PASHUKANIS' THEORY OF LAW
THE most prominent representative of Soviet legal theory during the first period of its development 1 is E. B. Pashukanis. In his main work, The General Theory of Law and Marxism,2 he tries to develop a 100 per cent. Marxian doctrine of law in opposition to bourgeois legal theory, which he accuses of hiding the social reality in an 'ideological fog'. It is the normative theory of law, the one that defines the law as a system of norms and especially the so-called pure theory of law against which Pashukanis directs his criticism from the point of view of an orthodox Marxist, although it is just the pure theory of law which, long before Pashukanis, tried to purify the traditional science of law of its ideological elements. The paradoxical result of Pashukanis' attempt is that he takes over some really ideological elements of the bourgeois theory in order to disparage the bourgeois law, which he -- as usual -- confuses with an ideological theory of this law. And, finally, following strictly a line of Marx and Engels, he declares the bourgeois law, the law of the despised capitalist society, as the only possible law in the true sense of this term.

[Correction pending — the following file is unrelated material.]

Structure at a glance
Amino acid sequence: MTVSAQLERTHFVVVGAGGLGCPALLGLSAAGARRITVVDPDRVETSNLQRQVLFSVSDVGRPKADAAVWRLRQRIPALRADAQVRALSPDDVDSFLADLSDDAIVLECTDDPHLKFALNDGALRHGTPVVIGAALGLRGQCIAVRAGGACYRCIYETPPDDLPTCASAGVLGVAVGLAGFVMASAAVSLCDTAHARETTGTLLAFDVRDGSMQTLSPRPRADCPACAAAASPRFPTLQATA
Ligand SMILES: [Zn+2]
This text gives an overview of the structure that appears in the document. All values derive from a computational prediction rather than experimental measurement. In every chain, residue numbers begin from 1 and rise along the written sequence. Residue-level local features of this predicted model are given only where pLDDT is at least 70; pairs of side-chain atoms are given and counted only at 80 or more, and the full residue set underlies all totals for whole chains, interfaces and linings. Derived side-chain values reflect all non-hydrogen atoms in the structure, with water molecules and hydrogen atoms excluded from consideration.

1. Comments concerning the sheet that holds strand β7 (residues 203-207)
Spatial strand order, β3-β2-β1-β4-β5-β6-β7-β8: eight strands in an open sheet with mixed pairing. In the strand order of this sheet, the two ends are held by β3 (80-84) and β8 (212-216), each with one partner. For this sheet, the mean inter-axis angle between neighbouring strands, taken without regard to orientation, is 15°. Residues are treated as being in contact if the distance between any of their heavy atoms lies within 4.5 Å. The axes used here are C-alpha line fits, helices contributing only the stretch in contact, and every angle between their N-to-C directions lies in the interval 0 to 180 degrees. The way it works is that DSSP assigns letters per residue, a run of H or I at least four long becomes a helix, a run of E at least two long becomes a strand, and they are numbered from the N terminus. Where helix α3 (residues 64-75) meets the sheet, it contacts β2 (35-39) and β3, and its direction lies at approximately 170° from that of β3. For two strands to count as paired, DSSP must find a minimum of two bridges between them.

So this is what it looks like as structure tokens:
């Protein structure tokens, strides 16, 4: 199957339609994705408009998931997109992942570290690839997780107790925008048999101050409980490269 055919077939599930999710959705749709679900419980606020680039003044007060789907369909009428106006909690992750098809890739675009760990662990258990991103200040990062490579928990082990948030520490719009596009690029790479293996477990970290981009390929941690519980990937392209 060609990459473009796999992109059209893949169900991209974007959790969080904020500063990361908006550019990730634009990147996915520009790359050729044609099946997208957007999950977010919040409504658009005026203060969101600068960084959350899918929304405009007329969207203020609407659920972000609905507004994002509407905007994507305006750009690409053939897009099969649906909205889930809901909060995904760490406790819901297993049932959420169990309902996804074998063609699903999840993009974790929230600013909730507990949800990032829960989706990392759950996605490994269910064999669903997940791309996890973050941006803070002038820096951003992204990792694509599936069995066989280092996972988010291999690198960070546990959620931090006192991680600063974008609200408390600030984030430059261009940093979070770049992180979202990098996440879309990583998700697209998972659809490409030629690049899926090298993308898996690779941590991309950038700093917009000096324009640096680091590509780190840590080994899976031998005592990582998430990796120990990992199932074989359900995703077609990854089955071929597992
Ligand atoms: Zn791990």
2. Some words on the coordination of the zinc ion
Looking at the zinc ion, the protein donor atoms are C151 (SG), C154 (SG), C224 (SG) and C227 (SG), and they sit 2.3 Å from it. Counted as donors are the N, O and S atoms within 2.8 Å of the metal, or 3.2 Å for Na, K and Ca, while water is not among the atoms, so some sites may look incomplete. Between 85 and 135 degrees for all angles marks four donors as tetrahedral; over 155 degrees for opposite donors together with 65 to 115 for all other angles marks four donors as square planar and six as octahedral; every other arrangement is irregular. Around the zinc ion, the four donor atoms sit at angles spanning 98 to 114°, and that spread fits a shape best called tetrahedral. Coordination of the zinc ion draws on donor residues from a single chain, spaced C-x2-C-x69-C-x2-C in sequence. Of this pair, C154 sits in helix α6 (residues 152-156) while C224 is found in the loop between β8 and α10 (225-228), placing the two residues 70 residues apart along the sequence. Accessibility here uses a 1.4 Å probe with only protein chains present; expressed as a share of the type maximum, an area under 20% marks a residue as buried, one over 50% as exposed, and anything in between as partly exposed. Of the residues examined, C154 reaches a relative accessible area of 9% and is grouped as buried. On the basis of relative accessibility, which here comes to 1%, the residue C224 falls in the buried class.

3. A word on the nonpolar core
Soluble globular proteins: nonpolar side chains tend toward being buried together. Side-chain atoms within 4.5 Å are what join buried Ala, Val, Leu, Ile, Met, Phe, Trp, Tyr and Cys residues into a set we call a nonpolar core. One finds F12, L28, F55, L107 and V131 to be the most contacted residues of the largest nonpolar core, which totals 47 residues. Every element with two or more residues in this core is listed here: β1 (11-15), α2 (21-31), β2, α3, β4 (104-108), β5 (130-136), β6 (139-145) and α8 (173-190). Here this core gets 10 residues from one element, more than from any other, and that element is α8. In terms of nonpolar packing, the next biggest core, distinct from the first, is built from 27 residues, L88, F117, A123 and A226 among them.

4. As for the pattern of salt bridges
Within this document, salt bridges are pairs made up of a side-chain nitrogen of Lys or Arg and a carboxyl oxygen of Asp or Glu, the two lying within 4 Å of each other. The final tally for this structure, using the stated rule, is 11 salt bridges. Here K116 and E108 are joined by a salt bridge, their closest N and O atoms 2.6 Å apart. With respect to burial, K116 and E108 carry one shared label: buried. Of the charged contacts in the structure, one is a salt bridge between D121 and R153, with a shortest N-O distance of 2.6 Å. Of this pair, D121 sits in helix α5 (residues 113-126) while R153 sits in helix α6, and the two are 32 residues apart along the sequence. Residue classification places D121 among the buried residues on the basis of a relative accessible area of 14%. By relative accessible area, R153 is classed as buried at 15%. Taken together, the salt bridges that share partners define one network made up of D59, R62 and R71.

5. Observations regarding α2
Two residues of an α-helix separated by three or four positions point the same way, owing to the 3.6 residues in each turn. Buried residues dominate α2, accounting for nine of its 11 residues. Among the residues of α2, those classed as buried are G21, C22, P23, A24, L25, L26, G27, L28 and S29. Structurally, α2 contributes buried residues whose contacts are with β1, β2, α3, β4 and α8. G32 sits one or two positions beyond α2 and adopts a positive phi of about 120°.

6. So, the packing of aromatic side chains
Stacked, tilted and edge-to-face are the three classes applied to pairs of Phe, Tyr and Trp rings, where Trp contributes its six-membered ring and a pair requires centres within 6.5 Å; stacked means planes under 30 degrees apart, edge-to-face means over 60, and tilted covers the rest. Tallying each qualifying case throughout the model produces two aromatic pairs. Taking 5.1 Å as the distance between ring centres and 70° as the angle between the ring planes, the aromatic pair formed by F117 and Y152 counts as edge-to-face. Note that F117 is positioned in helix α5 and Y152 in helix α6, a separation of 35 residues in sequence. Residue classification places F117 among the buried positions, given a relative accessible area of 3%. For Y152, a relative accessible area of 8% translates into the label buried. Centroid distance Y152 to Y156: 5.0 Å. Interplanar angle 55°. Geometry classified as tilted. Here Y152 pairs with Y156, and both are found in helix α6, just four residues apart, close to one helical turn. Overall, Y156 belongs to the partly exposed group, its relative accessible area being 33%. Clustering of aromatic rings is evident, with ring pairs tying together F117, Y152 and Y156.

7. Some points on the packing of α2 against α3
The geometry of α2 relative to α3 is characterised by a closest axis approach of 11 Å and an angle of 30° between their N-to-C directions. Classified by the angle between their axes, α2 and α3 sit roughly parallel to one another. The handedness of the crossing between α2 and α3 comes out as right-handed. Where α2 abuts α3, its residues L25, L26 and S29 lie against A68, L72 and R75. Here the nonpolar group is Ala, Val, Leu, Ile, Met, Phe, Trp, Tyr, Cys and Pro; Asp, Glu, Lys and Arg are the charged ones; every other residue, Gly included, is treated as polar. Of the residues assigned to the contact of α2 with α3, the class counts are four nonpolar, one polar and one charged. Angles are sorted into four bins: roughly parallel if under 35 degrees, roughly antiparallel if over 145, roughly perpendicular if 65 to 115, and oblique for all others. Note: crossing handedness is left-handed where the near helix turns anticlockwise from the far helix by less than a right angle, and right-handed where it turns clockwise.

In order to inject into the theory of law the strongest possible dose of Marxism, Pashukanis imitates Marx' economic interpretation of political phenomena by reducing, in the field of jurisprudence, legal phenomena to economic phenomena in general, and in particular to economic phenomena which can exist only within a capitalist system of economy based on the____________________